Yeah, I mean, I think it was a lot of fatigue and anxiety. You know, the first couple of weeks is a bit of a whirlwind. And, I think I wish I had more memories, because I just felt so tired, all the time. And, there was a bit of, kind of, separation from what was happening, and just kind of going through the motions and trying to get it done. You know, if you're up every hour with your partner in the middle of the night trying to feed, you know, you just — you try to be supportive, try to be there. But, you know, I felt at times like a robot. And so, you know, that's really challenging. I think more than anything, what helped me get through that was just time and starting to see improvement, you know, both in our child and in my partner. It made a world of difference to me. You know, I think that helped kind of keep me going and push me along.

Anita Rao
So, for you all, kind of, knowing that the stress that can happen with sleep deprivation and how that kind of limits your ability to connect, I'm curious about any ways that you kind of instituted to reconnect with each other or have moments together, given that your new parenting experience was going to be now parenting two kids. What did you all do to prepare for that, whether that was within your relationship, or reaching out for external support?

Darren Jones
You know, we had a good support structure in place. You know, both of our mothers were very supportive. And, Shannon's mother lives nearby, and she was wonderful in that process — in giving us some space, or allowing us to take some space for ourselves. That was really helpful. You know, other than that, I just keep reiterating — we try to talk through what was going on, what issues we're having, you know, what, you know, what fears each of us are having with the situation, and how we can help support each other. I think that was the most important thing.

Shannon Purdy Jones
From early on in our relationship, we were very fortunate before we got married that we decided to go to, like, a couple's premarital counseling with a licensed therapist. And, that — like, in our entire relationship, not just navigating the postpartum process both times — has made such a huge difference for us in our relationship. And, if people have the means, like, I would definitely recommend doing that with any partner you're serious with. Because, it gives, yeah, the ability to communicate effectively and express each of our needs to each other. It really, you know, could have potentially saved our relationship going through this process.

Anita Rao
A skill to add to our Embodied life hacks: communication, communication, communication. Shannon and Darren did have a second kid, and that time around, sought out professionals to talk to about their fears of traumatic delivery and feeding. Shannon's experience underlines the need for a better approach to the postpartum period from all systems involved: health care, childcare and workplace support. In the absence of systemic support for postpartum folks, family and friends try to fill the gaps. And, some support is more helpful than others. Shannon remembers exactly what she needed from friends to ease her mental load.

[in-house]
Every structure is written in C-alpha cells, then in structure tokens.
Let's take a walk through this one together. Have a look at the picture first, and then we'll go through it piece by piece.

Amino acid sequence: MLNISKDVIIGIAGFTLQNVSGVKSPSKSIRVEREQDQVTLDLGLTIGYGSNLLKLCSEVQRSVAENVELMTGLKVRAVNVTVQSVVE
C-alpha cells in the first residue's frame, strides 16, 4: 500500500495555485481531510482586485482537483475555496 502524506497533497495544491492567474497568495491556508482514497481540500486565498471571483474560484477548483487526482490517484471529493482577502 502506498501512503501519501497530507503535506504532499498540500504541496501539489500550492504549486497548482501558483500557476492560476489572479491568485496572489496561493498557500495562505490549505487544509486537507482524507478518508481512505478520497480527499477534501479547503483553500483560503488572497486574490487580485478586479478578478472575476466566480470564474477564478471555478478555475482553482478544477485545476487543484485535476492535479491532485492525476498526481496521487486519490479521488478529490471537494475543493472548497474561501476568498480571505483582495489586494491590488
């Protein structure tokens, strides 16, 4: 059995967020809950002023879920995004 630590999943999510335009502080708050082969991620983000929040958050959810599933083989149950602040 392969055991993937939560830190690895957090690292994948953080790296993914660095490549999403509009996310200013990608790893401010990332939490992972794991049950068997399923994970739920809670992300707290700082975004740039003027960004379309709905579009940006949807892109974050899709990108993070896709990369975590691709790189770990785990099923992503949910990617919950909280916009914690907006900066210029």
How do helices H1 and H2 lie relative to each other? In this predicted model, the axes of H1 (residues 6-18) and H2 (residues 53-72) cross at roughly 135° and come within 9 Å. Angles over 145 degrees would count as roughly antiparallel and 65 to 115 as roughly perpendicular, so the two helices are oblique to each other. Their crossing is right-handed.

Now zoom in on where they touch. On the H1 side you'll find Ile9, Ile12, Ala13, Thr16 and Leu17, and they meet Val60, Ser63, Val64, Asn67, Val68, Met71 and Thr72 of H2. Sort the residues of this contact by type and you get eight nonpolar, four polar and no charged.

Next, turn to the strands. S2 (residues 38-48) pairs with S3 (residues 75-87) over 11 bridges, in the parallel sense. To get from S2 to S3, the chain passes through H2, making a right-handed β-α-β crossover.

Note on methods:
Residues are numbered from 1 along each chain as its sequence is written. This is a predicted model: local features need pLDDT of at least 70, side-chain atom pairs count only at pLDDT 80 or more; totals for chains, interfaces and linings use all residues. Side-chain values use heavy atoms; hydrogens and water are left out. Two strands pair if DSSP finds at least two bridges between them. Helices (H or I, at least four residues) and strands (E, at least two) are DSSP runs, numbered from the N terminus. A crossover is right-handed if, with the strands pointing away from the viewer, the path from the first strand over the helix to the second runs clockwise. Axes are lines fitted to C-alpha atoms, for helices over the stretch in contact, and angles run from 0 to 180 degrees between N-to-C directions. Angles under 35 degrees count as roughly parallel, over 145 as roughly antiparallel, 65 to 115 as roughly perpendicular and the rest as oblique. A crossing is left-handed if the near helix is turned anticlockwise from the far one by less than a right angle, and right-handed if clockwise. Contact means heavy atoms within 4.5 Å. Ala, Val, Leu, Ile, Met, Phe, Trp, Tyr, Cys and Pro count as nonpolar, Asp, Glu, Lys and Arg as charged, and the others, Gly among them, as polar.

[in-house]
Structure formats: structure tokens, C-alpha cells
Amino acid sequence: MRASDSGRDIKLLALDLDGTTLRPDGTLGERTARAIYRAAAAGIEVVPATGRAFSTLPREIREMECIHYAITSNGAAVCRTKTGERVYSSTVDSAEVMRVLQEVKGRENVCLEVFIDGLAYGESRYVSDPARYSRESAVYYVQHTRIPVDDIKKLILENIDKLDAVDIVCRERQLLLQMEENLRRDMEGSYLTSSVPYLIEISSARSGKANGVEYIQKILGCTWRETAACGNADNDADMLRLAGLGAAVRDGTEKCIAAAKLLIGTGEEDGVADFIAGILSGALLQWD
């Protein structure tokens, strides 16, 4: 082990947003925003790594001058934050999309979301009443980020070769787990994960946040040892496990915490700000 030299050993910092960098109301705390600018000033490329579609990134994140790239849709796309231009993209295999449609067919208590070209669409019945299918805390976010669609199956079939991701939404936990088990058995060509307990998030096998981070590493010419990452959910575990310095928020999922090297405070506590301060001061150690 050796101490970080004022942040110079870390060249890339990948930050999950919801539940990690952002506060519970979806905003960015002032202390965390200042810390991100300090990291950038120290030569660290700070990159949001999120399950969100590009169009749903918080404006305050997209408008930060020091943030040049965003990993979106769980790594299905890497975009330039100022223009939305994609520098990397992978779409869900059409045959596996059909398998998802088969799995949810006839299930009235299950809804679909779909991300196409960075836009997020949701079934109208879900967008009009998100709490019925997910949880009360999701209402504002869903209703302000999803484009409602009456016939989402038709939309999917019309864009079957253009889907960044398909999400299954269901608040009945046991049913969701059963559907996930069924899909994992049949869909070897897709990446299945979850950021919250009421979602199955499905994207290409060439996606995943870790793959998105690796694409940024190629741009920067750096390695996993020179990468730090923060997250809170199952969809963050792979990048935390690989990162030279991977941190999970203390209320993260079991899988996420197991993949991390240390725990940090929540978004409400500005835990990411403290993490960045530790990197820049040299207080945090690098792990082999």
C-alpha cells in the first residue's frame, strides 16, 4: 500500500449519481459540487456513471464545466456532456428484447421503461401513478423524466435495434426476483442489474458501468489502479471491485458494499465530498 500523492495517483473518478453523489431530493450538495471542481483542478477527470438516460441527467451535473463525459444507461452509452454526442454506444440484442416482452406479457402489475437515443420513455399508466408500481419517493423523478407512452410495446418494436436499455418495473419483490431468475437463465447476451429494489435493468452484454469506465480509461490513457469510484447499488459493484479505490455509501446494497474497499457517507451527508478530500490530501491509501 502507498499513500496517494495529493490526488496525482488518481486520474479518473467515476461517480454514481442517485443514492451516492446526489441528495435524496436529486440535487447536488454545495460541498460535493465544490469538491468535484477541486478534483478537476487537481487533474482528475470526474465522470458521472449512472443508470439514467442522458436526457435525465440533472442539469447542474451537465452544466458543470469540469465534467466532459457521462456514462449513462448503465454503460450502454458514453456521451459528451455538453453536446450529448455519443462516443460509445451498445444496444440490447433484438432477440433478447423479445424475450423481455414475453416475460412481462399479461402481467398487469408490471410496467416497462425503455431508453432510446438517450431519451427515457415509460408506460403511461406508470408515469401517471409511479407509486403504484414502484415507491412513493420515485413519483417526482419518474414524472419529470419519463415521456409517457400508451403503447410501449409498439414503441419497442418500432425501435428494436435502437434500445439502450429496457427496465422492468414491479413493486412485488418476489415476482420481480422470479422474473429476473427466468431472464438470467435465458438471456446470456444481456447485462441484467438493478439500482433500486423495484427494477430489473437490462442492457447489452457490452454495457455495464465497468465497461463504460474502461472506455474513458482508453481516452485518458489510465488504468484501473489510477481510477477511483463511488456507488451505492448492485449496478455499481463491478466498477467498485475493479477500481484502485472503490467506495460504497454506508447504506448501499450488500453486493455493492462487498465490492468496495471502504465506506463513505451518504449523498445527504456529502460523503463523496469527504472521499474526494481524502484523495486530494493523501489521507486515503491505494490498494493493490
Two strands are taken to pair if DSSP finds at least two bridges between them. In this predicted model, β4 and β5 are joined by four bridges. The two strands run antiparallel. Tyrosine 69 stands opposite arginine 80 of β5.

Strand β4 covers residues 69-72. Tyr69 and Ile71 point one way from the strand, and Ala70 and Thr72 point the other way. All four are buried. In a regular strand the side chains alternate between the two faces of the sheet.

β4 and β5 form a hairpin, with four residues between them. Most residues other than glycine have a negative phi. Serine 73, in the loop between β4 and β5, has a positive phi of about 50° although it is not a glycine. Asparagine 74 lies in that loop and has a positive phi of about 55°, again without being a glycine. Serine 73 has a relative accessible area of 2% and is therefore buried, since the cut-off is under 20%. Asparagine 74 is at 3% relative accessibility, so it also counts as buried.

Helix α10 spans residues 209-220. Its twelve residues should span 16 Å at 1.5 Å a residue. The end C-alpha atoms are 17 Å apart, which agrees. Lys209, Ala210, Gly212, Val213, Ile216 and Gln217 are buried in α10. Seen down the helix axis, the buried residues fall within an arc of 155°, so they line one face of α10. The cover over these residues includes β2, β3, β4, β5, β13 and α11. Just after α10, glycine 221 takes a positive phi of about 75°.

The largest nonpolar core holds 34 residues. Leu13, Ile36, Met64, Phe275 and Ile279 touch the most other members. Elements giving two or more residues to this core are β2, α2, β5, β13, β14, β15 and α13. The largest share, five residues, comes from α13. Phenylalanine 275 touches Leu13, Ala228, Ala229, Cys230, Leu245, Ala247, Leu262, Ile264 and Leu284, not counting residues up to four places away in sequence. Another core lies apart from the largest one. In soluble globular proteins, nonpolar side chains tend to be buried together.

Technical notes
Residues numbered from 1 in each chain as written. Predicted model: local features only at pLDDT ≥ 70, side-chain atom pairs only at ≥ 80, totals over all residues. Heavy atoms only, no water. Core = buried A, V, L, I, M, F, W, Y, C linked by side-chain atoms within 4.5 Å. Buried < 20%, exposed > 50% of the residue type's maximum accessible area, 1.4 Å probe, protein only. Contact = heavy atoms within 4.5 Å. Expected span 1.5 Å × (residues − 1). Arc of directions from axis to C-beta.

Shannon Purdy Jones
If you're going to go over to somebody's house when they're immediately postpartum, don't go expecting them to, like, entertain you and you just ooh and ah and coo over the baby. Like seriously, if what they need is to sit and breastfeed on the couch while you do the dishes, that's what you should do. You should go into that experience expressing to them, "I am here to give you what you need." So, you should go and tell them like, "Look, do you need to unload about the ugly parts of this?" Like, that's something I always tell, like, any friend of mine that I know is, like, trying to get pregnant or is pregnant — getting ready to have a baby. I say, I will tell them early on in their pregnancy, "Hey, like, I am a safe person for you to come complain to." Like, kind of joking, but kind of not, because people in society, we have this thing about, like, only focusing on the good parts. Like, "It's a gift. It's a blessing. It's, like, these moments you'll cherish forever." I'm like, yeah, it is all those things, but it's also really really hard. Being pregnant is hard. Being immediately postpartum with a new baby for the first time is really hard. So, if you can be that friend that says "Hey, it's okay for you to complain and talk to me about the ugly stuff," like, that can go a long way to giving someone permission to then say, "I'm not okay, I need some help."

Anita Rao
For other parents going through, this here's Shannon's advice.

Shannon Purdy Jones
Be easy on yourself. It's okay if everything is not perfect. It is okay if you try your hardest to body feed and can't. Like, it is okay to give that baby a bottle. It is okay to reach out to people in your life like I did to my mom and say, "I need help, I haven't slept in weeks." You know, it is alright to cut yourself some slack.

Anita Rao
Embodied is a production of North Carolina Public Radio-WUNC, a listener-supported station. If you want to lend your support to this podcast and WUNC's other shows on demand, consider a contribution at wunc.org now. Incredible storytelling like you hear on Embodied is only possible because of listeners like you.

This episode was produced by Kaia Findlay and Audrey Smith. Amanda Magnus is our editor, Jenni Lawson is our sound engineer and Quilla wrote our theme music.

If you enjoyed this show, check out the first part of the series on the physical aspects of postpartum, and send the episode to a couple friends who you think would like to hear them. Thanks so much to everyone who contributed their thoughts and experiences to this show and the whole series: Jamie, Amanda, Kyesha, Taylor, Elise, Brianna, Nick, Priyanka, Kate and BB. Thank you.

Until next time, I'm Anita Rao, taking on the taboo with you.